Thomas Worthington Whittredge (American, 1820 - 1910), River Scene

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Thomas Worthington Whittredge (American, 1820 - 1910)
River Scene
ca. 1866
Oil on canvas laid on canvas
Signed lower right: W. Whittredge
Framed in refinished period frame.
Canvas size: 10 5/16 x 19 ¼"
Frame size: 21 13/16 x 30 5/16"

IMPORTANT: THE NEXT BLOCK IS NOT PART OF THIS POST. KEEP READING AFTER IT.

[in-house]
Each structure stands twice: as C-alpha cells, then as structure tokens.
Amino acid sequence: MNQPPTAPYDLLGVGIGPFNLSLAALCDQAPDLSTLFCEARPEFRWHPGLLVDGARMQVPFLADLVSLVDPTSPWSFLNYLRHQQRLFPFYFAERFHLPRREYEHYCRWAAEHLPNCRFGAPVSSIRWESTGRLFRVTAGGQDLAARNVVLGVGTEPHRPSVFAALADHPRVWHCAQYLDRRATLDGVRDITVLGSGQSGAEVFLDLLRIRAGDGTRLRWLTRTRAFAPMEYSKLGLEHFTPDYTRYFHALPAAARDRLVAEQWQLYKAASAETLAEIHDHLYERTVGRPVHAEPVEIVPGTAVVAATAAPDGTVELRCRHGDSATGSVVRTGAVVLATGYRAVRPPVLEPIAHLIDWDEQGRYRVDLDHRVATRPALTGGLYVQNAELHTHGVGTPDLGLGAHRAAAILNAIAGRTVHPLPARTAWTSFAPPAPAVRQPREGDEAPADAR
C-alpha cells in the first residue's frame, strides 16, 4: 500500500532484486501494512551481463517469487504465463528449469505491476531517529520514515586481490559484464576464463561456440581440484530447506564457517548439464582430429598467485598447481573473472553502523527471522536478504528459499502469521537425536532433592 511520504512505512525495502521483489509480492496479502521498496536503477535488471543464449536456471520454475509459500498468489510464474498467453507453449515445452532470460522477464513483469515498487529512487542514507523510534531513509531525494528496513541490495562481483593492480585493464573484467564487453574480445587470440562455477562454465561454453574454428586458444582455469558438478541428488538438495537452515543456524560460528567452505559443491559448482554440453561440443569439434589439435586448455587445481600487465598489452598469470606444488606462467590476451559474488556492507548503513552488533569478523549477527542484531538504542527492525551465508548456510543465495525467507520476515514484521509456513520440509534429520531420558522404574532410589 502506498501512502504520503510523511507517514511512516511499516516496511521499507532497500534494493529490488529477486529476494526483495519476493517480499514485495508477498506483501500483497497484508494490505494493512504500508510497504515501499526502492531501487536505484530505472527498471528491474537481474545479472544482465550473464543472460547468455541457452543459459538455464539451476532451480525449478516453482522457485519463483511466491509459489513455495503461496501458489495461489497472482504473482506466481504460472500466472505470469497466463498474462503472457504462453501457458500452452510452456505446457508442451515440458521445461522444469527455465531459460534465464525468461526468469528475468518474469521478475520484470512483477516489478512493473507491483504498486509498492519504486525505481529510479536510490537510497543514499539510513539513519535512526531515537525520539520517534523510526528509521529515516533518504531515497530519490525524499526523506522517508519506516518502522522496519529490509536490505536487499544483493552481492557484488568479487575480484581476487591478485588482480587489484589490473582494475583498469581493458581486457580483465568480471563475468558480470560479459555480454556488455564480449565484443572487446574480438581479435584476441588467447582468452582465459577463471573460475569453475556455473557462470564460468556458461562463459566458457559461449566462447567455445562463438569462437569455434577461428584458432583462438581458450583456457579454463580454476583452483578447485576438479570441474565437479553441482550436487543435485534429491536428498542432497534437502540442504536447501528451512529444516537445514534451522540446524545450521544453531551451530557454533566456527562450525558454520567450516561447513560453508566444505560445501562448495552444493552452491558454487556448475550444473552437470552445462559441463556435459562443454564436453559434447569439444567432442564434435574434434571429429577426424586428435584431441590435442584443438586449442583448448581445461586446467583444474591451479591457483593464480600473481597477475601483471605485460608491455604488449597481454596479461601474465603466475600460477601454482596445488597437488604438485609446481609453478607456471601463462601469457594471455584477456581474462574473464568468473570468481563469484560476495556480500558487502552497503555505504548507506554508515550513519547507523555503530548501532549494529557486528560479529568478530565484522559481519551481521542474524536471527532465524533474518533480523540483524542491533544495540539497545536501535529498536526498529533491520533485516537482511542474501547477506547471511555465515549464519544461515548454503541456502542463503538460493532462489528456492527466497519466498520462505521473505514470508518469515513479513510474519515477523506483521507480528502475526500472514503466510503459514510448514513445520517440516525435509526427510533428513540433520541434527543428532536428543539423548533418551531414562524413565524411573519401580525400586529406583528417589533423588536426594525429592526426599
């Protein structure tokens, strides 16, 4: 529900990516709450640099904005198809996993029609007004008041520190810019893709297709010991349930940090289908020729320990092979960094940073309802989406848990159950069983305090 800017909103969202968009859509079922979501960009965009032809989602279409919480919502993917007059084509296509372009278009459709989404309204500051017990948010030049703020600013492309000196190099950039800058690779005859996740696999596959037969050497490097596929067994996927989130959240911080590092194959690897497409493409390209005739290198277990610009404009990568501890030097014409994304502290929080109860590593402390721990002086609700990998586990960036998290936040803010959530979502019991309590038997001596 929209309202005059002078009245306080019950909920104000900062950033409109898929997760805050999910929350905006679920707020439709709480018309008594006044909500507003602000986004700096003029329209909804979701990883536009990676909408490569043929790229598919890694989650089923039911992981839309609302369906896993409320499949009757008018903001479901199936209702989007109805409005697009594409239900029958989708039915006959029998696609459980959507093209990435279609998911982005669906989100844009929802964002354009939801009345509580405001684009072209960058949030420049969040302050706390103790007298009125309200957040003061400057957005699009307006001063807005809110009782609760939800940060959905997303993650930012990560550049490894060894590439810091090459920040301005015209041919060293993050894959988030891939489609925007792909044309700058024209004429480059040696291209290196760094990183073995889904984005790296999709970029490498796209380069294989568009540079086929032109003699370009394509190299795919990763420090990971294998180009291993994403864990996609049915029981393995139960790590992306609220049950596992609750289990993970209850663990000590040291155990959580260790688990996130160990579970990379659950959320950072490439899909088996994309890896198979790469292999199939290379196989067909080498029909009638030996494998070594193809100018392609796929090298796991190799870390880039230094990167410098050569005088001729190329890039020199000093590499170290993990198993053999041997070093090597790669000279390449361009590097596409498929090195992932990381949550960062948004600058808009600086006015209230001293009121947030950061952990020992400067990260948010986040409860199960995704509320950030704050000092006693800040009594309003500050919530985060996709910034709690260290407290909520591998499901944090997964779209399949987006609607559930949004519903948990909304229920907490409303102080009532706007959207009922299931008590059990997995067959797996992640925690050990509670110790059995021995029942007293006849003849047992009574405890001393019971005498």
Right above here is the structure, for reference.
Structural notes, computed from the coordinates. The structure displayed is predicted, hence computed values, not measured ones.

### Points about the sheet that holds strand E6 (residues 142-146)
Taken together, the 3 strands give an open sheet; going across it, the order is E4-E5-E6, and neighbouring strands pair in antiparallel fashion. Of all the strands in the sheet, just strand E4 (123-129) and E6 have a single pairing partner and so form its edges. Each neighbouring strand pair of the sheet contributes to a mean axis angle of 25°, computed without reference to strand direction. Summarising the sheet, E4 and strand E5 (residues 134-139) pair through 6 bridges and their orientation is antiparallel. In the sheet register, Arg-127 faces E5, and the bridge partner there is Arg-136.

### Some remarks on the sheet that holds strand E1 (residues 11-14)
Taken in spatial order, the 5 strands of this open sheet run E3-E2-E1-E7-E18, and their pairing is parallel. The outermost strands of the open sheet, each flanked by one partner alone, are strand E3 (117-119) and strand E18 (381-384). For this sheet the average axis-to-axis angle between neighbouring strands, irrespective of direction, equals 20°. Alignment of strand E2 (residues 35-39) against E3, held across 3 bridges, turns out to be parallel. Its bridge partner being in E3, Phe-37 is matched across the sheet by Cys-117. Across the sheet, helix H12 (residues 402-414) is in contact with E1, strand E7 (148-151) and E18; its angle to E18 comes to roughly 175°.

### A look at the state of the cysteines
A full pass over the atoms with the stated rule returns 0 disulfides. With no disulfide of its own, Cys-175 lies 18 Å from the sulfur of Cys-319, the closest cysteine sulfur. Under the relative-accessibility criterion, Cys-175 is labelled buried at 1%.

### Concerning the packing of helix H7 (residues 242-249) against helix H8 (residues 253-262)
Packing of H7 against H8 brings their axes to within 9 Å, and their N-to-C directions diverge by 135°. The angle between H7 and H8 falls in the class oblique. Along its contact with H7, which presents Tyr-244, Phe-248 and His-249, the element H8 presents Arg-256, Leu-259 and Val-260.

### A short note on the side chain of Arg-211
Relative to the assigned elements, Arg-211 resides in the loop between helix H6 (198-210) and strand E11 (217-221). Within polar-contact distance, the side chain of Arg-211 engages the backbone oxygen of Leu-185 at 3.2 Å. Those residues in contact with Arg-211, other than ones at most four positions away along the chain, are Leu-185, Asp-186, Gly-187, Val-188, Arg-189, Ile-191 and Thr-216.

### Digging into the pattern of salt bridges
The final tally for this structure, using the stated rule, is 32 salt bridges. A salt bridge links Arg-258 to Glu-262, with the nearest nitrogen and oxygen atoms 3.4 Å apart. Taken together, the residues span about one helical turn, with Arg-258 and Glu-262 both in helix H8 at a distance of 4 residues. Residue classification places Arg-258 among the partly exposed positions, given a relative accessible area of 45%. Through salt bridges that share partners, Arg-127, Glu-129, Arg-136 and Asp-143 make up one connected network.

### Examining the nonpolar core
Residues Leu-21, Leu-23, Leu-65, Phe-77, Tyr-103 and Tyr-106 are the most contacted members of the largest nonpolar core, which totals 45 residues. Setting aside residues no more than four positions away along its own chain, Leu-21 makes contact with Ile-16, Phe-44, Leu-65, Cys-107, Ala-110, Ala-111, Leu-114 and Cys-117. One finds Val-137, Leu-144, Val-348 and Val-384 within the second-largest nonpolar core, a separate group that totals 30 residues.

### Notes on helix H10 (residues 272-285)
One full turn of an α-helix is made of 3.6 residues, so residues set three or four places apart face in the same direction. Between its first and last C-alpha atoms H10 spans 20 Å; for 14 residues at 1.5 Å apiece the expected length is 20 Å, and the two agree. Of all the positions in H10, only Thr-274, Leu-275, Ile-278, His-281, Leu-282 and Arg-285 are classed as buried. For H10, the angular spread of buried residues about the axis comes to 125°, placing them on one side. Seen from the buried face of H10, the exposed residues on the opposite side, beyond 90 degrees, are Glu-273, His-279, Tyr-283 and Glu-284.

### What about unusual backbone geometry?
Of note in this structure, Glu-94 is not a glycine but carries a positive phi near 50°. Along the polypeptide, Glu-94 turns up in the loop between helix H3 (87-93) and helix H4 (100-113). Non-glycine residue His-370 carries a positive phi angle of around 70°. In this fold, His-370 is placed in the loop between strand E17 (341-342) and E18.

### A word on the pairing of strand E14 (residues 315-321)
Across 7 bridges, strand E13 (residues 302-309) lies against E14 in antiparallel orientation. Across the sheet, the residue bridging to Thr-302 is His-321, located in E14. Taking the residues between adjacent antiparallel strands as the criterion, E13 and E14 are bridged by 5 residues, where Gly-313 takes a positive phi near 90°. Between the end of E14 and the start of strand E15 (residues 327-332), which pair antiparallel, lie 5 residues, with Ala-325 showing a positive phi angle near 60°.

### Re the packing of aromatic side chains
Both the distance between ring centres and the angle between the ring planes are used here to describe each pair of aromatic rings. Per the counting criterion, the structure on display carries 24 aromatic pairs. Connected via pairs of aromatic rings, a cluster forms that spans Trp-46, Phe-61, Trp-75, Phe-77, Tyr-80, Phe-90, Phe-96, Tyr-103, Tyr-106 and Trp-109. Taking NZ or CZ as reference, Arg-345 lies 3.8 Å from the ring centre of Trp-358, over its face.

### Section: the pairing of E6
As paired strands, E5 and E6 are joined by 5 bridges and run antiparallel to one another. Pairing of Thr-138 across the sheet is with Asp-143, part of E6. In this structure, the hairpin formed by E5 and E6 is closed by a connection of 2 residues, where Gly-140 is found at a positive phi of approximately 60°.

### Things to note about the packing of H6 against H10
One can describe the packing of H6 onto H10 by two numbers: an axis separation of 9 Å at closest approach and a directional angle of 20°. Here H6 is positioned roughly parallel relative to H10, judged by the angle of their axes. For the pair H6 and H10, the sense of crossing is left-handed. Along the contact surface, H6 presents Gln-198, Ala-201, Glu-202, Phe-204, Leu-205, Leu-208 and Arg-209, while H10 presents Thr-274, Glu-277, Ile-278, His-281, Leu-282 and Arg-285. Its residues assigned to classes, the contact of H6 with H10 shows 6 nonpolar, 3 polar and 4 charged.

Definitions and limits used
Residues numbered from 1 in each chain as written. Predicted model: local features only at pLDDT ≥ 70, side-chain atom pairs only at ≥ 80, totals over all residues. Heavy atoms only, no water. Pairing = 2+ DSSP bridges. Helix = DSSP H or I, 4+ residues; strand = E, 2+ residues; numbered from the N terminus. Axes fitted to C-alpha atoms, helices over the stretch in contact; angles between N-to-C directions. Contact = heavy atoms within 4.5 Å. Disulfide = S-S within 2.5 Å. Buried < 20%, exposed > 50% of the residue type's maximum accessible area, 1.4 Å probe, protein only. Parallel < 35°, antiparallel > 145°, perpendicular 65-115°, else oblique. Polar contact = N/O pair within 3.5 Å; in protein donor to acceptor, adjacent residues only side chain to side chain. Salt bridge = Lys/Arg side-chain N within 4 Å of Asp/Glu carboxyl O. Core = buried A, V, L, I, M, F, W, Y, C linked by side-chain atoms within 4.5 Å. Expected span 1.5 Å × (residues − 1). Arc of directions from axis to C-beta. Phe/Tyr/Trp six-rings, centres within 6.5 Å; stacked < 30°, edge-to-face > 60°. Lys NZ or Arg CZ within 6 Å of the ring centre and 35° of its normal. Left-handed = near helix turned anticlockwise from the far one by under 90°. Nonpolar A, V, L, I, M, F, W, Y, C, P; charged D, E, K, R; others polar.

One of the core painters of the Hudson River School, Thomas Worthington Whittredge is best known for his evocative and quietly splendid landscapes. Born on a family farm near Springfield, Ohio, he received little formal education and at first trained as a house and sign-painter in Cincinnati. Other careers followed including a stint as a daguerreotypist in Indianapolis, Indiana, and as a portraitist in Charleston, West Virginia. However, in 1844 Whittredge was to find his passion, landscape painting, and he was to follow this calling until his death in 1910. Whittredge's River Scene presents an excellent example of the painter's intellectual and practical training. In 1866, he accompanied General John Pope on an inspection of Indian settlements after the civil war, traveling from Fort Leavenworth, Kansas, up the South Branch of the Platte River through Colorado and onwards to New Mexico. It is possible that this painting was completed as a result of the expedition. In River Scene the composition follows a technique derived from Claude Lorraine and practiced by many English, German and Scandinavian artists of the nineteenth century. A circle of brilliant sky is surrounded by darkened woodland and reflected in the glistening stream. Whittredge's use of the Claudean convention, provides a scene imbued with beauty and serenity, reinforcing the myth of America as a new Garden of Eden. Moreover, the figure in the middleground, reflects a fascination with native American people and their harmony with nature, which was also shared by such figures as George Catlin, Karl Bodmer, Thomas Loraine McKenney and James Hall.